Comic Fodder

The Martial Arts Roots of Kung Fu Panda

Okay, this one isn’t really about comics, but bear with me. It’s worth it.

A friend of mine loaned me a DVD of an old kung fu movie, oh, a little more than a year ago. I accidentally broke it when I tried to pry it out of its casing the first time, and bought an entirely new copy to replace it. I didn’t pull it out to watch it until relatively recently. A few days later, I watched Kung Fu Panda, and was pleasantly surprised to see a blazing similarity in one of the major plot points. No way was this an accident! As a matter of fact, several times in the Panda movie, someone mentions that there are no accidents. Hmm…

The Circle of Iron was a kung fu movie that was Bruce Lee’s baby. He wanted to make it, and James Coburn was a friend of his, who studied martial arts under him. Coburn had read the script and liked it, and the movie looked like it would be made. Fate conspired against them. Bruce Lee achieved great success and by all accounts turned a little bit arrogant. Perhaps it was kind of hard not to, when you have that much talent backed up by the determination to make something of yourself. Coburn ended up leaving to do something else. Anyway, the script was kept hush-hush, and few people were exposed to it.

Somehow, the script had gotten out of where it was hidden for a short period (okay, one of the guys stole it to show it to some people), and eventually it got into the hands of a producer who could make things happen, and David Carradine. There’s a lot of interesting history about the film’s development, but it’s on the special features section of the DVD, so fans can check out the juicy details there.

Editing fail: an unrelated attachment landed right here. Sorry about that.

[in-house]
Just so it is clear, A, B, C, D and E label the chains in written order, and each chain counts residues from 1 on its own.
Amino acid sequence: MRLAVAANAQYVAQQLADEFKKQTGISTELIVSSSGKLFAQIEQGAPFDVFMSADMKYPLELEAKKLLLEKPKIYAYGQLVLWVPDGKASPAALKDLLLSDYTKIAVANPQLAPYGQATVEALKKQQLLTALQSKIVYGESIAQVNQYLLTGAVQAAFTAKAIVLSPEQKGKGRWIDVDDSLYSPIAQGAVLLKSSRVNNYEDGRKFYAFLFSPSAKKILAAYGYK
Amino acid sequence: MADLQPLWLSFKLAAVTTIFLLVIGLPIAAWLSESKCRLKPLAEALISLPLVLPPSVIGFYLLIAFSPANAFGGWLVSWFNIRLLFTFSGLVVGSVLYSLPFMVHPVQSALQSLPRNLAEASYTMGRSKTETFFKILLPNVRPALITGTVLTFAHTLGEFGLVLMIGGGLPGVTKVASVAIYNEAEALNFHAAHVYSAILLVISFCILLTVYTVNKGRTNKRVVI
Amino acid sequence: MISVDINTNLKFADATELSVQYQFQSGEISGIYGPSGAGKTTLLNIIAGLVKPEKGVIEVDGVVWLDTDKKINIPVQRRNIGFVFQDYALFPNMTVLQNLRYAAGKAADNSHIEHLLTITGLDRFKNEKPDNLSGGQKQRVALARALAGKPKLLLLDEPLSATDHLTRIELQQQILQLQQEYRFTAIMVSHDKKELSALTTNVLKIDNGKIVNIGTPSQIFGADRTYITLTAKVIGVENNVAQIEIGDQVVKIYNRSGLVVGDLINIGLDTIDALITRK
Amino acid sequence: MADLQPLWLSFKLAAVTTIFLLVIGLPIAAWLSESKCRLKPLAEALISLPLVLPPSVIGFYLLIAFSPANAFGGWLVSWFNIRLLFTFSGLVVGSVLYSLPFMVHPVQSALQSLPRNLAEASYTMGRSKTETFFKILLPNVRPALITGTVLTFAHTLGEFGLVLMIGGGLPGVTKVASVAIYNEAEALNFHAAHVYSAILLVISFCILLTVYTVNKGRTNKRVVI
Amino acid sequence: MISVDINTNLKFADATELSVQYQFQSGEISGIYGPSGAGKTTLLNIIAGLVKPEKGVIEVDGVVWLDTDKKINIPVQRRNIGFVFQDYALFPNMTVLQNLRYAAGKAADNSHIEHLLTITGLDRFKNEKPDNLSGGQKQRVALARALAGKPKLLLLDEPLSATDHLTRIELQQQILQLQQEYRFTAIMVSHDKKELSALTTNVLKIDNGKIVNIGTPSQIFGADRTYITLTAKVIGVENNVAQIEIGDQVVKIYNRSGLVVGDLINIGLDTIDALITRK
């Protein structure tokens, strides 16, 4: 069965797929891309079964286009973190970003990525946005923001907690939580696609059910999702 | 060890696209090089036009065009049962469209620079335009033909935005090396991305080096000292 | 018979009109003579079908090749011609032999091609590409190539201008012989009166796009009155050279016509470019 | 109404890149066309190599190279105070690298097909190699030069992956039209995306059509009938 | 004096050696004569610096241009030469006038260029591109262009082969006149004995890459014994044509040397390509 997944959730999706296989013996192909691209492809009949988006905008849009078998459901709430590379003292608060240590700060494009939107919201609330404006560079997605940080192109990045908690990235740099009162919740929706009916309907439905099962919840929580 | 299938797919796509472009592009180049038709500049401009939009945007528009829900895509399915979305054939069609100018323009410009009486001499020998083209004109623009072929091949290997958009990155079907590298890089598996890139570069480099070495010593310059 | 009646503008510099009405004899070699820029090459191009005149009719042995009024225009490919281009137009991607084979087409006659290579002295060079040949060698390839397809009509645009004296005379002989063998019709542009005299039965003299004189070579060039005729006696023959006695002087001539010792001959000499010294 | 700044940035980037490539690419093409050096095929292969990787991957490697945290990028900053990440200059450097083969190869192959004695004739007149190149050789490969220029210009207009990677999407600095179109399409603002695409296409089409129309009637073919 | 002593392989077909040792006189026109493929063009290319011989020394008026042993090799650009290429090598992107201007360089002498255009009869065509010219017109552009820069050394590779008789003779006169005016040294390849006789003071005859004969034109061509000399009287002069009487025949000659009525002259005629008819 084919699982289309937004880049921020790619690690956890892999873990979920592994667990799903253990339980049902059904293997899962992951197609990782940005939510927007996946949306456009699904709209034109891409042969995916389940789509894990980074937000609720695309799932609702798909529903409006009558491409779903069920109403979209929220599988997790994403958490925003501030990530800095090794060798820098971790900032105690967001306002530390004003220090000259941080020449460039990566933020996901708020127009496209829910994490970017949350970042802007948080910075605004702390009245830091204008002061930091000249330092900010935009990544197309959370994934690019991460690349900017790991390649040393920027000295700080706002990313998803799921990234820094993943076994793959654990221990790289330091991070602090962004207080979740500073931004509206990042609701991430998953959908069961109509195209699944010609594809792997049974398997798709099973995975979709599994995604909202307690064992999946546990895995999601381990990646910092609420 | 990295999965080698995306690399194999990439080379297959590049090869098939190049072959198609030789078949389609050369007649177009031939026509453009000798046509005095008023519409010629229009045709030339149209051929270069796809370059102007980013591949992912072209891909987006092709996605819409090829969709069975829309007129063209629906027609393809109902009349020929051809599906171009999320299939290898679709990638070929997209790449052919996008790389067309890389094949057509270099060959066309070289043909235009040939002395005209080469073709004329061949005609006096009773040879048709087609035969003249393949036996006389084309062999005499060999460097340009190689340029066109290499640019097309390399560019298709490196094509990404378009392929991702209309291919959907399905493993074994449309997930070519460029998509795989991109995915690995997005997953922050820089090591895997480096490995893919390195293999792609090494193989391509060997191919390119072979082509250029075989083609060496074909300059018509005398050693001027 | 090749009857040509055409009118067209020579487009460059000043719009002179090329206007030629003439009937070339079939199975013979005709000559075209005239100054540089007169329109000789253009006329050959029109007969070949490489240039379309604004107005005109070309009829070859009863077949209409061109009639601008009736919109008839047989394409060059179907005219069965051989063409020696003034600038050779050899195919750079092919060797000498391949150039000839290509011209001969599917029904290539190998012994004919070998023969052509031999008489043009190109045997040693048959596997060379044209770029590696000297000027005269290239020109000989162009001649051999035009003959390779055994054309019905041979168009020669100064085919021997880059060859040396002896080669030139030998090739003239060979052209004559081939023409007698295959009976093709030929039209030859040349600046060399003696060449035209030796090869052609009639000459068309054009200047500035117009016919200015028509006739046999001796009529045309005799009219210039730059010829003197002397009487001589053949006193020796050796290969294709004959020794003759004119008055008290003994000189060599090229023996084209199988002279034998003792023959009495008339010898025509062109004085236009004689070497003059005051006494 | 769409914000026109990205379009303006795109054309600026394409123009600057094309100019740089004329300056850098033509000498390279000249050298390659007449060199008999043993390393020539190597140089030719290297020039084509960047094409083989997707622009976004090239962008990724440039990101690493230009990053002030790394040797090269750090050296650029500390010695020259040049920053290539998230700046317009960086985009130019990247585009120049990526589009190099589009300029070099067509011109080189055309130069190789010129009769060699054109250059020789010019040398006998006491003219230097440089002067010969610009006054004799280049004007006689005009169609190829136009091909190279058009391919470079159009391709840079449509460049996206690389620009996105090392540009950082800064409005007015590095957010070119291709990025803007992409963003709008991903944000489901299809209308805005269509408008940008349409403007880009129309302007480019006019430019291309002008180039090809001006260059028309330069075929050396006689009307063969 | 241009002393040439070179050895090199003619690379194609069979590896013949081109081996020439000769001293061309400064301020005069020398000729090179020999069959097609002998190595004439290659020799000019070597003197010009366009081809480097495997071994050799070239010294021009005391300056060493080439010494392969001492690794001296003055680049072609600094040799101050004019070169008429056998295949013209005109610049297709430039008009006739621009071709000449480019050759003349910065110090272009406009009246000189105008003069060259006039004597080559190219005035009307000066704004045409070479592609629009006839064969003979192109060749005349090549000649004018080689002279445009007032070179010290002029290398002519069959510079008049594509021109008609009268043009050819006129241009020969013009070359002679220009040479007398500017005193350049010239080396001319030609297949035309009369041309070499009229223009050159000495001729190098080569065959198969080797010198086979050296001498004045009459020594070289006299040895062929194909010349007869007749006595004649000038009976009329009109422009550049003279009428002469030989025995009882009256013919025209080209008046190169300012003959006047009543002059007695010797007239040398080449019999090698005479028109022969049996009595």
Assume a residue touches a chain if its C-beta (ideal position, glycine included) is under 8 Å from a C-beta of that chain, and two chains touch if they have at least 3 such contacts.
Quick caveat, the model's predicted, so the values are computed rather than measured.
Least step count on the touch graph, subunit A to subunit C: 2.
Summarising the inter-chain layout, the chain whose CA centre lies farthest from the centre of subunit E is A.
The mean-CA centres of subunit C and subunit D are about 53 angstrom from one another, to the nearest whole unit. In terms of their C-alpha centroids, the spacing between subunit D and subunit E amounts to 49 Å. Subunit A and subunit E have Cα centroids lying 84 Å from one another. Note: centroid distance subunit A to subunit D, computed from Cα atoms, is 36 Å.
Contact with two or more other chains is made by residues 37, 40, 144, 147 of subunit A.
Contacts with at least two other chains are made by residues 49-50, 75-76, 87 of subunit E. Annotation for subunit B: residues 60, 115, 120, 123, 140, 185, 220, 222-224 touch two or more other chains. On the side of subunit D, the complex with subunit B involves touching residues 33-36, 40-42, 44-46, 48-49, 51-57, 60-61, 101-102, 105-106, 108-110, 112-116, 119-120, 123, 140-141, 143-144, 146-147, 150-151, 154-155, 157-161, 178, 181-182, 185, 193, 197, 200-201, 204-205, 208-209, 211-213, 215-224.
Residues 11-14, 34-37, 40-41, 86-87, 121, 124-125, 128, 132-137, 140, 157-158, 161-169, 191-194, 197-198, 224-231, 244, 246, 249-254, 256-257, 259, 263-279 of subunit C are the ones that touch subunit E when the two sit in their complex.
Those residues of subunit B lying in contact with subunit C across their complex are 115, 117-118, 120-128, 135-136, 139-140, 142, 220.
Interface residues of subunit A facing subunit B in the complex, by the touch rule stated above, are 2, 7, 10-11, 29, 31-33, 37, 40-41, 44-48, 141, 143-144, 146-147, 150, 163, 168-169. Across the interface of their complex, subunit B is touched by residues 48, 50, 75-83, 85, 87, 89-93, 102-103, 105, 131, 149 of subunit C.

***Spoilers follow for both films technically, so hit the “Back” button on your browser if you want to keep the mystery for one or both of them until you see the actual movie.***

Back to the Panda movie. The secret of the scroll is that there is no additional ingredient you can obtain to make you a better person. All that Panda sees when he gets his hands on the scroll is his own reflection. Some people might consider this profound, while others will think it to be self-help sappiness. However, I immediately recognized it from Circle of Iron, where the hero had to pass several trials to make it to an unknown land, and a fabled book. Inside the book… a series of pages that held only mirrors.

No coincidence, this! Somebody on the team for Kung Fu Panda knew about this old movie, and they definitely incorporated it in homage to either Kung Fu itself, or possibly Bruce Lee or David Carradine.

So if there are no accidents, does that mean the fact that I broke the DVD the first time was no accident? That my waiting to blog full time was no accident? That my viewing the old movie exactly just before I went to see the new one, and at the exact time I was starting to do more contributions on line to share this with people… was no accident?

I put it out for you to decide. But there was no way I wasn’t going to share this.

Tpull is Travis Pullen. He started reading comics at 5 years old, and he can't seem to stop.

The concept that, in the end, there is nothing to attain is to be found in some of the earliest Buddhist and Hindu writings and has been a zen staple for centuries. Nothing new about it to those who have studies Asian philosophy and culture. BTW, Bruce Lee was my student for a while before he shot to fame and, although his martial arts knowledge and level was quite rudimentary his arrogance was very much in evidence off of the mat.

-- Posted by: Miles Bennell at July 10, 2008 7:33 PM